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I learned to persevere and gained confidence from my Hampton experience

‘The support system that I’ve been blessed with is overwhelming’

When I first stepped foot on Hampton University’s campus, I had no idea what I was getting myself into. I had no idea that I would make a lifetime of memories, gain lifelong friends and learn many of life’s lessons.

Frankly, I don’t believe I would have been able to accomplish a majority of everything I have gained if I had gone to any other school besides Hampton. I’m most thankful for the people I have met and developed relationships with. Although one of my biggest lessons has been that not everyone is necessarily in my corner, the support system that I’ve been blessed with is overwhelming.

I never would have thought that I would have friends from every corner of the country who consistently support and show up when the going gets rough. This is what college is all about: going to new places, meeting new people and forming relationships for personal and professional benefit. I’m grateful for every person whose path I’ve crossed, because a lesson and memory have come with each.

If there is anything else I’ve learned at Hampton, it’s “if at first you don’t succeed, try, try again.” As many rejection letters as my peers and I have received, we could have given up. But if we had, we wouldn’t have the opportunities we have now. Persevering beyond “no” while dealing with the stress of school and personal life is an achievement, especially when you are hundreds of miles from home with no family nearby.

My advice to current and future college students is to cherish the time on campus. Cherish your peers, the professors and the opportunities each and every campus provides to help prepare its students for the working world. You never know if you are going to school with the future CEO of a major company, or if your professor knows a CEO who ends up coming to your class as a guest. Professors are extremely resourceful and already have many connections, so it is important to have good relationships with them, too, because they are sharing their knowledge to help the next generation.

Join clubs and organizations that will help you learn practical skills and attend events that cater to career goals. Those organizations can help you gain experience in order to receive internships, which in turn gives exposure to different career fields. A lot of historically black colleges and universities (HBCUs) hold events where major companies send representatives to look for talent. These are potential employers that students can interact with, ask questions and learn how certain companies operate. That’s how I learned about and gained the opportunity to participate in the Rhoden Fellowship.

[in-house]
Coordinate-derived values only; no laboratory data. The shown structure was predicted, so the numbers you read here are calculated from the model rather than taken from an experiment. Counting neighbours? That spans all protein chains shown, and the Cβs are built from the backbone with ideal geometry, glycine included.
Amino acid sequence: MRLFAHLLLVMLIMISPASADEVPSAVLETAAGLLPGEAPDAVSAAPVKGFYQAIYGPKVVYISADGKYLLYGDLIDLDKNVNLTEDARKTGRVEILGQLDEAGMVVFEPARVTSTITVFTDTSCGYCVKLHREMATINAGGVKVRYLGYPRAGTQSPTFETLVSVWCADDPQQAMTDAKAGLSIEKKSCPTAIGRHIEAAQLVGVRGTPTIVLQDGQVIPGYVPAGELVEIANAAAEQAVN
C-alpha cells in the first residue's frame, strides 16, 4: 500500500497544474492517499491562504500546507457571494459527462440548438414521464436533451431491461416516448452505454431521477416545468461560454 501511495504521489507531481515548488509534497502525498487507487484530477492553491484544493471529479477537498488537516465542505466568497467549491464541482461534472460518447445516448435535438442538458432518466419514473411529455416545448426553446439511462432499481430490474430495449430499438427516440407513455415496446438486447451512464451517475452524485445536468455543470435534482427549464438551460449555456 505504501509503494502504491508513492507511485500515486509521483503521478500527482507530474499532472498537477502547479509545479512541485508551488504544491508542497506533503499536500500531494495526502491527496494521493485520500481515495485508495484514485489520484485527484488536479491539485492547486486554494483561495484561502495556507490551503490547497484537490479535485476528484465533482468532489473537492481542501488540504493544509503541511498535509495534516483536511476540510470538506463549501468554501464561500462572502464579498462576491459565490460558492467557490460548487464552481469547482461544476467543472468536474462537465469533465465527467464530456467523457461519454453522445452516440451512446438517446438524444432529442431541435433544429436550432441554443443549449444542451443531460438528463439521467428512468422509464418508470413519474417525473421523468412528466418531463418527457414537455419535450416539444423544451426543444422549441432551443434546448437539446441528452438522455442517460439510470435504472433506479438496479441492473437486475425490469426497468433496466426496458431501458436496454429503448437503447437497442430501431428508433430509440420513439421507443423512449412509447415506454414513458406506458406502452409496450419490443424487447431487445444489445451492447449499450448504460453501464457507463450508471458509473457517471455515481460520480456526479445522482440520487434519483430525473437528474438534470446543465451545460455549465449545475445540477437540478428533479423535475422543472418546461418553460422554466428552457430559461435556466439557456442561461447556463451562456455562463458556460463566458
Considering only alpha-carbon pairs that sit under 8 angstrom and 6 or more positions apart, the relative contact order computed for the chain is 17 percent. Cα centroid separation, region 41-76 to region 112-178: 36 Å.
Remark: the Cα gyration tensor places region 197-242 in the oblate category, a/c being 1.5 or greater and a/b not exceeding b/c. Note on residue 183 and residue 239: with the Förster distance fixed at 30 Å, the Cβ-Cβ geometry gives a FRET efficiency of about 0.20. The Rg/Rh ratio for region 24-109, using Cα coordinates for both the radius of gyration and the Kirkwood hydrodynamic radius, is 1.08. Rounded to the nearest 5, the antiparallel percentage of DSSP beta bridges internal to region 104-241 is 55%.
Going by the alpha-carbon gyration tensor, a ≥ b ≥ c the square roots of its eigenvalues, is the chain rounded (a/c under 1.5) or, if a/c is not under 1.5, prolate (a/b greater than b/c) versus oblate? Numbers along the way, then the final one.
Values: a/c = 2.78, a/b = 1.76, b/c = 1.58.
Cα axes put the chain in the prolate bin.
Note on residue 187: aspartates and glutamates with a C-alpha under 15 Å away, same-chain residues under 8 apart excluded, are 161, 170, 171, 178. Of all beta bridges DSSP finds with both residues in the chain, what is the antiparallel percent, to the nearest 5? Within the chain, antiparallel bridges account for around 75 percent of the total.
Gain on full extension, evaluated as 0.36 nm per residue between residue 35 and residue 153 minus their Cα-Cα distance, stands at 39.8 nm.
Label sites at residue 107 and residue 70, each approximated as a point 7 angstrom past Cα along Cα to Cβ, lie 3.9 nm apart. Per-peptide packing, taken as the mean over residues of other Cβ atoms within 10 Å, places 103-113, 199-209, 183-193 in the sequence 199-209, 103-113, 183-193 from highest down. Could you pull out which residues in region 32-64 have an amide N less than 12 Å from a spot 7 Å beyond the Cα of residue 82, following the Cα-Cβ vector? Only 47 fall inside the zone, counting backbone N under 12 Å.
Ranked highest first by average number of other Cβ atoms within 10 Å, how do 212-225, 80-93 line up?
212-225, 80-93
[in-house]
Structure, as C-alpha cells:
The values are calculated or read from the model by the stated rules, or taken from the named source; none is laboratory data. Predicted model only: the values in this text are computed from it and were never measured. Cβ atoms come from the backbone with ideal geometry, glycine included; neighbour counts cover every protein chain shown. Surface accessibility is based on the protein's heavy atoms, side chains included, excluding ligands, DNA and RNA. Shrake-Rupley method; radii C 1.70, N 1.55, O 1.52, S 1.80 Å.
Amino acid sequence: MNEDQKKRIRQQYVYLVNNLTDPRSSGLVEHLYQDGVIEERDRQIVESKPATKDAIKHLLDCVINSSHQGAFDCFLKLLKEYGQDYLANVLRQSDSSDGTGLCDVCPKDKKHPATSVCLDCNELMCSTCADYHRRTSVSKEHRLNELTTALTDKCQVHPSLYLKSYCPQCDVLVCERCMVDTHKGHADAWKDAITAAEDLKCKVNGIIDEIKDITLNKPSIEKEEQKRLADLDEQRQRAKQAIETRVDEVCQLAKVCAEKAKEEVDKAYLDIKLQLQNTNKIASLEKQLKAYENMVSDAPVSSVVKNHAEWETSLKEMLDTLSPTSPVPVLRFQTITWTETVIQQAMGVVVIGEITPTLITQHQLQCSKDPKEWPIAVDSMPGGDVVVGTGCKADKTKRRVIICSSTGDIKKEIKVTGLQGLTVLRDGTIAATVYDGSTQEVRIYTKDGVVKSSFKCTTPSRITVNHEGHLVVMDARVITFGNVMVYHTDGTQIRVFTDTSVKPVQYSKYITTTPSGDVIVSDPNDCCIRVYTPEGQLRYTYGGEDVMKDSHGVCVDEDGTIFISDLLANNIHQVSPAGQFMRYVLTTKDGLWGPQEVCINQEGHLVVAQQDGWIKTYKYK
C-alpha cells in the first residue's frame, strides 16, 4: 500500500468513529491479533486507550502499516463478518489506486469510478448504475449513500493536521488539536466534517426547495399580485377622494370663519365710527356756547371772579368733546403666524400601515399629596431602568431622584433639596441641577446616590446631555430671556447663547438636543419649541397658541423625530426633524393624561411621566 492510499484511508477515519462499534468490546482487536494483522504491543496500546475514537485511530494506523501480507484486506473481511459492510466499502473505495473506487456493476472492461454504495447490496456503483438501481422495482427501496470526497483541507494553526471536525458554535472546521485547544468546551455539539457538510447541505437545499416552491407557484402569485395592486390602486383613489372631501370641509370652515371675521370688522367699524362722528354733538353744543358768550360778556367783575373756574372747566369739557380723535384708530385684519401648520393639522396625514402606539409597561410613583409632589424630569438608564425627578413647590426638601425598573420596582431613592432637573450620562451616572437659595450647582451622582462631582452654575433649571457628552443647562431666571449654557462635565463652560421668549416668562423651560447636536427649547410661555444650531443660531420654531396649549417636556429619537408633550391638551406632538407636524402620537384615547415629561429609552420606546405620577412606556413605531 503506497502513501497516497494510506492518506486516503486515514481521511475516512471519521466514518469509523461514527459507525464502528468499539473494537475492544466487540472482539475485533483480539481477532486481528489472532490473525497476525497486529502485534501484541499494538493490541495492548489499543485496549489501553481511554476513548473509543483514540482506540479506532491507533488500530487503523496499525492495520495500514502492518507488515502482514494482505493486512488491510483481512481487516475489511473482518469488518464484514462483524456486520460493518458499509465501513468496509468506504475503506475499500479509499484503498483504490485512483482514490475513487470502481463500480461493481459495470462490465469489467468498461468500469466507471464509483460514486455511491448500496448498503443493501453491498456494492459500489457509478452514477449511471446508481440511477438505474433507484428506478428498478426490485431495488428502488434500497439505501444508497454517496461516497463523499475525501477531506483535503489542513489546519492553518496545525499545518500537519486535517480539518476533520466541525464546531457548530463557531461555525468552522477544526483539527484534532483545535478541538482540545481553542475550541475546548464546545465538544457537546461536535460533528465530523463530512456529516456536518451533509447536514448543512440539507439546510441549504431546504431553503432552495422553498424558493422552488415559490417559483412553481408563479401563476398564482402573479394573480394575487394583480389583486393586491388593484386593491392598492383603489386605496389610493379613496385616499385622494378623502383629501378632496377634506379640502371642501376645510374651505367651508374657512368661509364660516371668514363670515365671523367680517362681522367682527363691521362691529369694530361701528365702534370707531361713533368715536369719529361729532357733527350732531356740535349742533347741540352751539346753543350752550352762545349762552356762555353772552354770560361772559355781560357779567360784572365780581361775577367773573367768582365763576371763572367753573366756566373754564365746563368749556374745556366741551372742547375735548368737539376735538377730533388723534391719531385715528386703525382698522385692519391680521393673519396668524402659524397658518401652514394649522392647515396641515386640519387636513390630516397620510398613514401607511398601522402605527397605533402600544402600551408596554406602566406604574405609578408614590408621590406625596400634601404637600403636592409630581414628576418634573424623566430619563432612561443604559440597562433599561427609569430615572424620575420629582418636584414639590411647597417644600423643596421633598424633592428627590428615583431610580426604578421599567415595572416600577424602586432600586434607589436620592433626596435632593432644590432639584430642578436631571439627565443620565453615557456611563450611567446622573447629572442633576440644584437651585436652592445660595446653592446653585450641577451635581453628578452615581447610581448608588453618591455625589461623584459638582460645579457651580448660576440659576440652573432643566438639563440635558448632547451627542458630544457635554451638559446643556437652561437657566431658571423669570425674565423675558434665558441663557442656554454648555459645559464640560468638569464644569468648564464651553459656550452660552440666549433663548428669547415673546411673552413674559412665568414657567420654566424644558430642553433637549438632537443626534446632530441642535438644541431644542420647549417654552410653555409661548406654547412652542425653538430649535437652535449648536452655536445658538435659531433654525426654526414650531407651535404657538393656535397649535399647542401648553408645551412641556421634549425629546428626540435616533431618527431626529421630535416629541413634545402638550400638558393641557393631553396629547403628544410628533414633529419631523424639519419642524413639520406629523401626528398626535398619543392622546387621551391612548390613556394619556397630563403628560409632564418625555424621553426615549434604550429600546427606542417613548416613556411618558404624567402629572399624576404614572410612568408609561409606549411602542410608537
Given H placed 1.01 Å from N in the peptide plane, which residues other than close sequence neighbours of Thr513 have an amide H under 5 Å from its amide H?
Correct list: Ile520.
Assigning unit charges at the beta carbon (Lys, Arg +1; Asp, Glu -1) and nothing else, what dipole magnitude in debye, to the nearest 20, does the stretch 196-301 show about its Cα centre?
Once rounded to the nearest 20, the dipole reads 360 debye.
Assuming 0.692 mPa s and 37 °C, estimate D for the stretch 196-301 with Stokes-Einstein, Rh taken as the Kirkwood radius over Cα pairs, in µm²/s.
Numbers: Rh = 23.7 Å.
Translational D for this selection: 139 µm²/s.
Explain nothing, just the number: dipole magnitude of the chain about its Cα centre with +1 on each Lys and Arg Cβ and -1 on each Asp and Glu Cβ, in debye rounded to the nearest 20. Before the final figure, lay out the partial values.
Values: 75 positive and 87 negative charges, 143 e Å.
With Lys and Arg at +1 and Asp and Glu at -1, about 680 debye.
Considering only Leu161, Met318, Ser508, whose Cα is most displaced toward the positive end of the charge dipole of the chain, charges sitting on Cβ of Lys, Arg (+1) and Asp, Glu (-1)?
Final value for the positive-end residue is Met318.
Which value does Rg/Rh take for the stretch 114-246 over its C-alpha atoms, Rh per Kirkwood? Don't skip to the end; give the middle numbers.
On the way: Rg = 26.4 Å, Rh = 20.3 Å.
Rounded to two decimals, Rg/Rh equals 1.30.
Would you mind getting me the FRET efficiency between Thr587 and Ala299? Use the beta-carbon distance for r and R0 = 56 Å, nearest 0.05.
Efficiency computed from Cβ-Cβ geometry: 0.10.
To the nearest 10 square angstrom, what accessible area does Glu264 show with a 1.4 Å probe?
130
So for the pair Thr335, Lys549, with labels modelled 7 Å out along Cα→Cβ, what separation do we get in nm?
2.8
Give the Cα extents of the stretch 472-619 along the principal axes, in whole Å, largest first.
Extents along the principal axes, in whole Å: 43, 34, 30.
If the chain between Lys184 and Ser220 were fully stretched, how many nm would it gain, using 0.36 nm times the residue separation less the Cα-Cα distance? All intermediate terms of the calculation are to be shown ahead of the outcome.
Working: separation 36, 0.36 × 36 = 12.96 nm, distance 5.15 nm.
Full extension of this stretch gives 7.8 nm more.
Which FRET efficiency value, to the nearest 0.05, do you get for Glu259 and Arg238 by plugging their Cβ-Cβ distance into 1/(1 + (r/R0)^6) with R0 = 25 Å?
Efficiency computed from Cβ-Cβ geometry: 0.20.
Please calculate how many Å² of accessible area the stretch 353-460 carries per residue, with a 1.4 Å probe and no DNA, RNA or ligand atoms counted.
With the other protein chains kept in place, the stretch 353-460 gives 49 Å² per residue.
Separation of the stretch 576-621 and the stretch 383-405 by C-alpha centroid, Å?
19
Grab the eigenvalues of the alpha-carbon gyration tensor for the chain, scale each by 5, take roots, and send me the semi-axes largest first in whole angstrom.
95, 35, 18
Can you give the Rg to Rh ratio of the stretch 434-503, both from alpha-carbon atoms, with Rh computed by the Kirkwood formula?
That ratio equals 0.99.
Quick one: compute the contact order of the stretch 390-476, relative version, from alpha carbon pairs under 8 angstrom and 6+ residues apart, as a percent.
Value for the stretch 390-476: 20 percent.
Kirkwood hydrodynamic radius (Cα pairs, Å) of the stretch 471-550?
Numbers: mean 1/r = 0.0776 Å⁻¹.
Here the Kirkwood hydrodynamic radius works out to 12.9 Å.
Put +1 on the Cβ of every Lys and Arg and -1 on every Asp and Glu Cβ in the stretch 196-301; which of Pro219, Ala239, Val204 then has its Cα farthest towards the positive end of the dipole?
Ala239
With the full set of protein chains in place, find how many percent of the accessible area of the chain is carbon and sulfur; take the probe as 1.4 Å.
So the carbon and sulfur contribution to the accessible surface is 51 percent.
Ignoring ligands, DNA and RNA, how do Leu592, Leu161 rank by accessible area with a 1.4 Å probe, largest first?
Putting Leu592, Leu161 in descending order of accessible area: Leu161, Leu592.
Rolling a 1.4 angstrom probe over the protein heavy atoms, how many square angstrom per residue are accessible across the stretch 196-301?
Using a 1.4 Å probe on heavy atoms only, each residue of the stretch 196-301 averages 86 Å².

The Walt Disney Co. visits Hampton at least twice a year, and during my junior year, The Undefeated’s writer-at-large Bill Rhoden came to campus along with other Disney employees. One of the first things the Rhoden Fellowship taught me, before I even got the fellowship, is to make a good first impression. The summer before my junior year, I interviewed for the fellowship, and although I was not selected, I learned from the process. So, when Mr. Rhoden returned, I made sure I introduced myself and made good conversation. Later, when I applied for the fellowship again, I was able to draw on the conversations I had when I first applied and took advantage of having such high-profile representatives visit campus.

Persistence and good representation were important lessons learned, as I did not allow myself to be discouraged from applying for the fellowship a second time and using resources to make good impressions. Through working for The Undefeated, I have learned that connections are important because lots of people know each other within the industry. Being a team player is also critical to doing well in a professional work environment, as the fellows learned on projects, including articles and podcasts.

Lastly, timeliness is the most important concept to understand, because news can change at any given moment and tardiness shows unreliability in any work environment. I’m very thankful for everything I’ve learned the past four years at Hampton University and this year at The Undefeated. Attending an HBCU has offered me so many opportunities, relationships and memories that I will remember for a long time and that have helped me grow individually and professionally.

I look forward to seeing the success of my peers and where we end up in the future. I hope to see all of us make a positive impact on the sports and journalism industry and go on to teach generations after us, similar to how we were taught. The time I have spent at my HBCU has been priceless, and grateful does not even begin to describe everything I have taken away from my experiences.

Whitney is 2019 Rhoden Fellow and a senior journalism major from Cincinnati. She works at Hampton’s on-campus radio station, WHOV 88.1 FM. She is also a play-by-play commentator for women’s basketball games and a color commentator for football and men’s basketball.